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Pension reform plan to face public vote

Switzerland is ageing, but struggling in efforts to update its pension system. Keystone / Dominic Steinmann

Left-wing politicians and trade unions have gathered double the amount of signatures needed to challenge an ongoing pension reform plan to a referendum.

This content was published on February 15, 2022 - 11:27
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Over 100,000 signatures against a reform agreed in parliament last December were gathered in just 50 days, parliamentarian and Trade Union Federation boss Pierre-Yves Maillard told the BlickExternal link newspaper on Tuesday – double the necessary 50,000.

The parliament-backed reform aims to stabilise the financing of the country’s pension system as the population continues to age. It notably includes a controversial measure to raise the retirement age for women from 64 to 65.

Maillard told Blick that women are particularly concerned and “angry” about the reform, which they see as a bad deal, given that already under the current system they have on average much lower pensions that men.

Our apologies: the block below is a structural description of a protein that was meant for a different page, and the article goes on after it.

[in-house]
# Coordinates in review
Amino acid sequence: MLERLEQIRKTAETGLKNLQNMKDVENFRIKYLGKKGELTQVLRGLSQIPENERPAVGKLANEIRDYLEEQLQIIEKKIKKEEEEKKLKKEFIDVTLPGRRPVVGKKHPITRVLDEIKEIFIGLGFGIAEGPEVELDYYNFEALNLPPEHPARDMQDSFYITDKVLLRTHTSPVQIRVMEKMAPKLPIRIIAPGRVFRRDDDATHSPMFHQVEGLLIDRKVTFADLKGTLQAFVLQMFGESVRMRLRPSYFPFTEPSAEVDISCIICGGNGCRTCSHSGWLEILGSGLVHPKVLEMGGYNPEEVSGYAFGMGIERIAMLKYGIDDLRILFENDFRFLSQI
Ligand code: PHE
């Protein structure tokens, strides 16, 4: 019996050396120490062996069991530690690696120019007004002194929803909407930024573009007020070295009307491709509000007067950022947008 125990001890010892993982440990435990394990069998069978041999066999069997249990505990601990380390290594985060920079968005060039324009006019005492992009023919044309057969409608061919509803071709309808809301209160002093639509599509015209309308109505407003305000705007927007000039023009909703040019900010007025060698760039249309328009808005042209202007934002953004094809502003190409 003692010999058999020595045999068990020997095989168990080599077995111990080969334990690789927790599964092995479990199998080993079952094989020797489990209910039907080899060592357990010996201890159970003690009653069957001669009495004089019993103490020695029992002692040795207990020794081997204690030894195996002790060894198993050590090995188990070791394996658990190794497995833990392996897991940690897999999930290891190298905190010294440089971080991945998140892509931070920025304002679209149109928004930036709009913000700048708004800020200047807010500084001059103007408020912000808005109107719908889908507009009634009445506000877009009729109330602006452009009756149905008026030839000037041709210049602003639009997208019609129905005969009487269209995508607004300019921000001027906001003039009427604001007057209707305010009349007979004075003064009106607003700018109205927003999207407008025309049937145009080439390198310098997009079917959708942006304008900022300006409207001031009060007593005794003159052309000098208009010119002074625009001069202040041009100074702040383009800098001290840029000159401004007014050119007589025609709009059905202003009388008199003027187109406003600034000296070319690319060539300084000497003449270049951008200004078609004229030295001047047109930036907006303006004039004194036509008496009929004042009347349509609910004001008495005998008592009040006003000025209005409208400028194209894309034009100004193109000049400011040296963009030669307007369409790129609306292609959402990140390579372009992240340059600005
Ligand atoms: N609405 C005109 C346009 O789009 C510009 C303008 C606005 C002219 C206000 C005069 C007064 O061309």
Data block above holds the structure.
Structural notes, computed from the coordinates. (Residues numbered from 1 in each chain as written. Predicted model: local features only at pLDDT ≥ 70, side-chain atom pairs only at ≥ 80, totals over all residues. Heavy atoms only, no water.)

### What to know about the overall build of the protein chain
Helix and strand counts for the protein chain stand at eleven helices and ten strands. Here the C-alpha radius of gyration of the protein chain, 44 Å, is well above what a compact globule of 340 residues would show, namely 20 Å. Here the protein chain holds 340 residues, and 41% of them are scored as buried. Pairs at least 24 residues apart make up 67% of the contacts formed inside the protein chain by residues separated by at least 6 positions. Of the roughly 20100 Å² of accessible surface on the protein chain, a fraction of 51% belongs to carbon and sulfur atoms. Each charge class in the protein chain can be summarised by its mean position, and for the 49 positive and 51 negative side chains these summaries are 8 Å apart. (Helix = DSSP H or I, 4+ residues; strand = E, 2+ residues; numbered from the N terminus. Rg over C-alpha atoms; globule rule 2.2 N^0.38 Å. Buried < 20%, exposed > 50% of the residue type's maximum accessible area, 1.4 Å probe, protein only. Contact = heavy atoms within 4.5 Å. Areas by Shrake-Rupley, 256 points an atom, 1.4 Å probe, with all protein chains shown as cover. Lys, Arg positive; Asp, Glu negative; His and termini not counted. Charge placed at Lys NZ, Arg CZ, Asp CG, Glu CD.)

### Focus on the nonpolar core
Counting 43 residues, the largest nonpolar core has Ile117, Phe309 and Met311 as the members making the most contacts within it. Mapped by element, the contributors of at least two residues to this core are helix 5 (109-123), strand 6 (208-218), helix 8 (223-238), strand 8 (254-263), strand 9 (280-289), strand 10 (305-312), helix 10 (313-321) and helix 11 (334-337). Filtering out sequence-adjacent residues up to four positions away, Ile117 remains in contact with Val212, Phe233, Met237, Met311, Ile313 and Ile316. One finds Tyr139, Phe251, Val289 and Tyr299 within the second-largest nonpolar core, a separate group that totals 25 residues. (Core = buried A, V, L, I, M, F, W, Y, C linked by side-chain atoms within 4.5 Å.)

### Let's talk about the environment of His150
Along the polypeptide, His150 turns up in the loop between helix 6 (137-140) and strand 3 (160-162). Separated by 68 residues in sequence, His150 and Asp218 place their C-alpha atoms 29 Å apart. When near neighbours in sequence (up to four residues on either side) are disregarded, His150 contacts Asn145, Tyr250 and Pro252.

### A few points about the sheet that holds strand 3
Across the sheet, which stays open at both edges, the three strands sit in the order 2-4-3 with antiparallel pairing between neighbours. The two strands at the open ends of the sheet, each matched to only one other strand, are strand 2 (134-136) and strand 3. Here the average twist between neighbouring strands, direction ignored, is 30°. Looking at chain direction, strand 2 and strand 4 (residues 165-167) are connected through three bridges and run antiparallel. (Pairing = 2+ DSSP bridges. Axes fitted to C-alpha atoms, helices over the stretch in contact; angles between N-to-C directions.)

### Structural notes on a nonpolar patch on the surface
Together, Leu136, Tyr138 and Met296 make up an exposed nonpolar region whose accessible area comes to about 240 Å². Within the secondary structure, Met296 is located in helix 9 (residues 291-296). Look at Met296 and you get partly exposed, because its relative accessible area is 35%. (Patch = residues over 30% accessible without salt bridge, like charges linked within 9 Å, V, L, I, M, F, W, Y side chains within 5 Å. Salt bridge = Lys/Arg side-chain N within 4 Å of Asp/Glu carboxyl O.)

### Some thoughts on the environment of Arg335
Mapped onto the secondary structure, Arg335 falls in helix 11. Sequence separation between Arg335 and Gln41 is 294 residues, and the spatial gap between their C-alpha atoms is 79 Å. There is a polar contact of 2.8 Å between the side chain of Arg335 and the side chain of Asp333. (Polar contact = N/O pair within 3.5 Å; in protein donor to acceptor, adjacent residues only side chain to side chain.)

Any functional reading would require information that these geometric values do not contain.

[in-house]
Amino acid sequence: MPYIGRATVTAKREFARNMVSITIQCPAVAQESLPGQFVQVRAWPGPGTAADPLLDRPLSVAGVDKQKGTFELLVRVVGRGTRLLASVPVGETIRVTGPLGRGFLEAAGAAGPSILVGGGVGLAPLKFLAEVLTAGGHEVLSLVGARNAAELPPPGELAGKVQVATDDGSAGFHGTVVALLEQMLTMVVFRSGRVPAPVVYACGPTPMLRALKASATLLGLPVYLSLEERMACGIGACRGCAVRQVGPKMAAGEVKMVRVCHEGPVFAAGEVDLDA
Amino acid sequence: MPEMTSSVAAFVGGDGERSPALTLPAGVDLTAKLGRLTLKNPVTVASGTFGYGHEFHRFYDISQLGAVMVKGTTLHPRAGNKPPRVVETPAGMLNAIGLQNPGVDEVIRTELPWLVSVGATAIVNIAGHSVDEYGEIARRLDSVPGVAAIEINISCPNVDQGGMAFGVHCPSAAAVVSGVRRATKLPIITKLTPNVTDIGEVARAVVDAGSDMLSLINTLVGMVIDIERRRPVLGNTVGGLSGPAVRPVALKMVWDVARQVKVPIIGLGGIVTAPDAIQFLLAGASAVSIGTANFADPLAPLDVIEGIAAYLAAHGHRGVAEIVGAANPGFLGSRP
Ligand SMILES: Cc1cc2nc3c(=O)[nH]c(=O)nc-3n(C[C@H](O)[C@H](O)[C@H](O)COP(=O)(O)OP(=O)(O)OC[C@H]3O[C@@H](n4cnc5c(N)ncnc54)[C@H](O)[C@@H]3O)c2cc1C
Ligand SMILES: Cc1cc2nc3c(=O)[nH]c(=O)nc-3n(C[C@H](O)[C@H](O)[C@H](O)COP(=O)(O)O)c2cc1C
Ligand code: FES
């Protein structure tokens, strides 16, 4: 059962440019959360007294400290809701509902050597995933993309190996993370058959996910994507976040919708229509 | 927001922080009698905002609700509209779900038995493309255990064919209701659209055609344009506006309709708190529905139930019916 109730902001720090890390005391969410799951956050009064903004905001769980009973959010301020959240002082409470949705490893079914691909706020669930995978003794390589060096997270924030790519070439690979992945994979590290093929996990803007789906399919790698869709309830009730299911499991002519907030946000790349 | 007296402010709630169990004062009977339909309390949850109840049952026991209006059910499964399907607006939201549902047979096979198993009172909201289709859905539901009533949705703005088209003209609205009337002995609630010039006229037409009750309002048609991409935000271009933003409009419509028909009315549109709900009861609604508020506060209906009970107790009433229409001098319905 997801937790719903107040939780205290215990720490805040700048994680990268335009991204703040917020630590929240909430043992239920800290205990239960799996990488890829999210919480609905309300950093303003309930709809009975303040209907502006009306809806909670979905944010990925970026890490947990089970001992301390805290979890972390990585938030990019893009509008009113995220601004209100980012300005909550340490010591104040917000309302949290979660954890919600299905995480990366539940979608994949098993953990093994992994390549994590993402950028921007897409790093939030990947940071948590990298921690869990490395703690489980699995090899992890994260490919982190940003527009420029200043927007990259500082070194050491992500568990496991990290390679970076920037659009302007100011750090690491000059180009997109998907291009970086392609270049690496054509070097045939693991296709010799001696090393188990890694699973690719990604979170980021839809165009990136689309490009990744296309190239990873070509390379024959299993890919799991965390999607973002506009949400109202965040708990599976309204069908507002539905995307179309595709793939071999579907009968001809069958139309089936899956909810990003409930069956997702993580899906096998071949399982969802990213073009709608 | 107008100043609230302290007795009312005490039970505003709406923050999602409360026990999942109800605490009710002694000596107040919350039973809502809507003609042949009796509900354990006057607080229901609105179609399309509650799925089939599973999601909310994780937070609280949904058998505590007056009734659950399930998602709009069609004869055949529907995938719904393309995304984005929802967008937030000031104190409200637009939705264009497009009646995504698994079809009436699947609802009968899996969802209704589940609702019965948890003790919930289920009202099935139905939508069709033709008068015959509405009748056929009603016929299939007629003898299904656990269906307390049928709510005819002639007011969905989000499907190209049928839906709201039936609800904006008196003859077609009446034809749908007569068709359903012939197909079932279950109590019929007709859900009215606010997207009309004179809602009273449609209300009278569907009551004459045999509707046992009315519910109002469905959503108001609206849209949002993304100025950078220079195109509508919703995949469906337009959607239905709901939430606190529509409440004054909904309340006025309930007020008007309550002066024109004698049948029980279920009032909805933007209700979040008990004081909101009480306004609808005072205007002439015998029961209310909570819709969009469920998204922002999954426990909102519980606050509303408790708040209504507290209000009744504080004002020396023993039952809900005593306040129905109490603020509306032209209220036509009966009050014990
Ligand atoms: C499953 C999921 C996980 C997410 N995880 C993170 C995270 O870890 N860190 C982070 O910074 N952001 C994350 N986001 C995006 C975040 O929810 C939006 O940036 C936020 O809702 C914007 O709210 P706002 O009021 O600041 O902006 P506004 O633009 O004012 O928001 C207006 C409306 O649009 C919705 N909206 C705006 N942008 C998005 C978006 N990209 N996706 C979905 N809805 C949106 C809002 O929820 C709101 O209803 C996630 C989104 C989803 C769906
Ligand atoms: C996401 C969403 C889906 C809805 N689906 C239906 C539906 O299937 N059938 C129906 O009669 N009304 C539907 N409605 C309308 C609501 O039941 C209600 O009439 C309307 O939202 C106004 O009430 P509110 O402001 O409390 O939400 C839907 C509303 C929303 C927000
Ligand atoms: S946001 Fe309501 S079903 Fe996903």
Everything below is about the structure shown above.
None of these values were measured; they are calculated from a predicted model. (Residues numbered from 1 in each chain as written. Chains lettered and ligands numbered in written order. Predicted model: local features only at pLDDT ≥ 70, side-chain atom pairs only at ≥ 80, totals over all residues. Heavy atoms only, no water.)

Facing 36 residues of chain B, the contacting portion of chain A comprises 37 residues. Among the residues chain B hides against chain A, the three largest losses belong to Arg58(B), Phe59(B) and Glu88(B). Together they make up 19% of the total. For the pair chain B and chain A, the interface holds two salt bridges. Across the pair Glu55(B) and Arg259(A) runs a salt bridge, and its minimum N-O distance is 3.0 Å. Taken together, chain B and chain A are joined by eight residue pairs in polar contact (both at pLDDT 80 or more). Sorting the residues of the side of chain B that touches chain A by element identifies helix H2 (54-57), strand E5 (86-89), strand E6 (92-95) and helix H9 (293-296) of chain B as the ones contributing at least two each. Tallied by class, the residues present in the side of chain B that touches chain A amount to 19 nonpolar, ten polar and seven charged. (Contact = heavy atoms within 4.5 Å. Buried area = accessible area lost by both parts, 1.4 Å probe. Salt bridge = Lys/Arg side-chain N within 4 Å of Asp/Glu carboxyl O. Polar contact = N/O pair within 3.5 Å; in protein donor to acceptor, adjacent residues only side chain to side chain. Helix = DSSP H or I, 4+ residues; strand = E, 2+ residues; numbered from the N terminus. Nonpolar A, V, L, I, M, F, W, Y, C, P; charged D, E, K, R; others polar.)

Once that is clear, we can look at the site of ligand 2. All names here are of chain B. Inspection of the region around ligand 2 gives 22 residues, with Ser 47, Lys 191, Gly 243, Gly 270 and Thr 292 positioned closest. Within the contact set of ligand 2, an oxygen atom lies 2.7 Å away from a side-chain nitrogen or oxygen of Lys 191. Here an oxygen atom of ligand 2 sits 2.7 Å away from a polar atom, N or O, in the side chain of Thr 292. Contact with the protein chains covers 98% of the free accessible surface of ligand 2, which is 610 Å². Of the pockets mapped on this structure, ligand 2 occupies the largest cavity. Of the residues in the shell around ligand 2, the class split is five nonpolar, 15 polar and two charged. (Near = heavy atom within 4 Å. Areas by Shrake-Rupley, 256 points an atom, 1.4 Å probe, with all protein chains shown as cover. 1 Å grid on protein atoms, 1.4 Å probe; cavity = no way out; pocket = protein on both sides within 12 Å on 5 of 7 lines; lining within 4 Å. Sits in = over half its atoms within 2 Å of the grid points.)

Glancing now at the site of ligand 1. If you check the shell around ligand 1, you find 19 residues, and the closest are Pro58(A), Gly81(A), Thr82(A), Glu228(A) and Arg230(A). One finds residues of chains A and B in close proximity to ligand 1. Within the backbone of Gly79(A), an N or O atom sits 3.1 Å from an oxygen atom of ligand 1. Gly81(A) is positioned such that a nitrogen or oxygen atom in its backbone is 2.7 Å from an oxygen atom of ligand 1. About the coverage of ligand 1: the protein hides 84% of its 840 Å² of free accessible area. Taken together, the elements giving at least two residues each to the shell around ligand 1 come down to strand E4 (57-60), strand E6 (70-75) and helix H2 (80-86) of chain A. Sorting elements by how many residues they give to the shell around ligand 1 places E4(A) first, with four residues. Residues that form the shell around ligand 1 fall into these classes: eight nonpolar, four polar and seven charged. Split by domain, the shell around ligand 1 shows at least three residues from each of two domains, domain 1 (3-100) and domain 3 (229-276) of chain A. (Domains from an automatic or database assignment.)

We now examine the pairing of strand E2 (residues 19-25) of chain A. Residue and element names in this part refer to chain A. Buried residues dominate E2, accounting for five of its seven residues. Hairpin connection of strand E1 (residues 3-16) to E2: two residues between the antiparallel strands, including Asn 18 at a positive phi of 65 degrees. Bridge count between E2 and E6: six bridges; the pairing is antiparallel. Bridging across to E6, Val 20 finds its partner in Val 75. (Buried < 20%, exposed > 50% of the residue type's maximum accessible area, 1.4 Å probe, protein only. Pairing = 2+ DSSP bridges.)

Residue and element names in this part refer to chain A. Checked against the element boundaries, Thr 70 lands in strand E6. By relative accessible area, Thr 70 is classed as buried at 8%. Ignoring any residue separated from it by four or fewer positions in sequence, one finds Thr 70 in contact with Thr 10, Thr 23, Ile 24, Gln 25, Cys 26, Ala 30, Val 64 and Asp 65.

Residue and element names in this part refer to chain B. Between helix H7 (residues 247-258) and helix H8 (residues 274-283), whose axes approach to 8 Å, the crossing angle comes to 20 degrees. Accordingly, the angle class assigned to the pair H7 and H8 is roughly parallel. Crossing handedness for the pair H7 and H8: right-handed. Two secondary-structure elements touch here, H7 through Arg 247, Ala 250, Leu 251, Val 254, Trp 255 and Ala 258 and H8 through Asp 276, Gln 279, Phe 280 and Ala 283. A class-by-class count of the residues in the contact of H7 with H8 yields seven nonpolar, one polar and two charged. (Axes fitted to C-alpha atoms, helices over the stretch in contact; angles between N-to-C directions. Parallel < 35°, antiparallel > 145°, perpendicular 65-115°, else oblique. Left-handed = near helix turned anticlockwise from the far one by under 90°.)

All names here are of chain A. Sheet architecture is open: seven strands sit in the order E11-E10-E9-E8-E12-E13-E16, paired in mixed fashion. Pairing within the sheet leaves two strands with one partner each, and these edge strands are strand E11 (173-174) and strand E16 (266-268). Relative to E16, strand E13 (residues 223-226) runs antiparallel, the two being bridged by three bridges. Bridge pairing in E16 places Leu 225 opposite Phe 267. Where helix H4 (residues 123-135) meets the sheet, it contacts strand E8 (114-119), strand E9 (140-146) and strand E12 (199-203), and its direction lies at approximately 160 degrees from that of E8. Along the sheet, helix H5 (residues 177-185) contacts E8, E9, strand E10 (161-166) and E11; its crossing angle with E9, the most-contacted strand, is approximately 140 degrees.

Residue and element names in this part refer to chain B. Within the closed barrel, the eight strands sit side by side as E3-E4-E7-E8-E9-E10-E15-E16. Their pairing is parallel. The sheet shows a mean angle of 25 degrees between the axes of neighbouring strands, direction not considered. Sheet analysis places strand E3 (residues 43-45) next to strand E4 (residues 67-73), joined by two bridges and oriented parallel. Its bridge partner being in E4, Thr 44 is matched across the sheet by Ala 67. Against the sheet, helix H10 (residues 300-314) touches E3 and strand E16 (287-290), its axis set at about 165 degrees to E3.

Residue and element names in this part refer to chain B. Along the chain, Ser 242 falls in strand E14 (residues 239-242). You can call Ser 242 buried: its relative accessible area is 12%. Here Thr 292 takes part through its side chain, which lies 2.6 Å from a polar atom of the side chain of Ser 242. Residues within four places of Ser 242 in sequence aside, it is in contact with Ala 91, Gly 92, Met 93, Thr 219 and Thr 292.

Democratic sticking point

Backers of the reform, notably government and the parliamentary majority, say it’s necessary to ensure the Swiss old-age finance system stays viable beyond 2030. It foresees financial compensation for women directly affected, as well as an increase in value-added tax.

However, several attempts to adapt the Swiss pension system have failed at the ballot box over the past 30 years, notably in 2017.

At least three different people’s initiatives to reform the pension system are pending, often coming at the issue from very different angles; last year, a centre-right initiative handed in signatures to raise the retirement age for both men and women to 66 by 2032.

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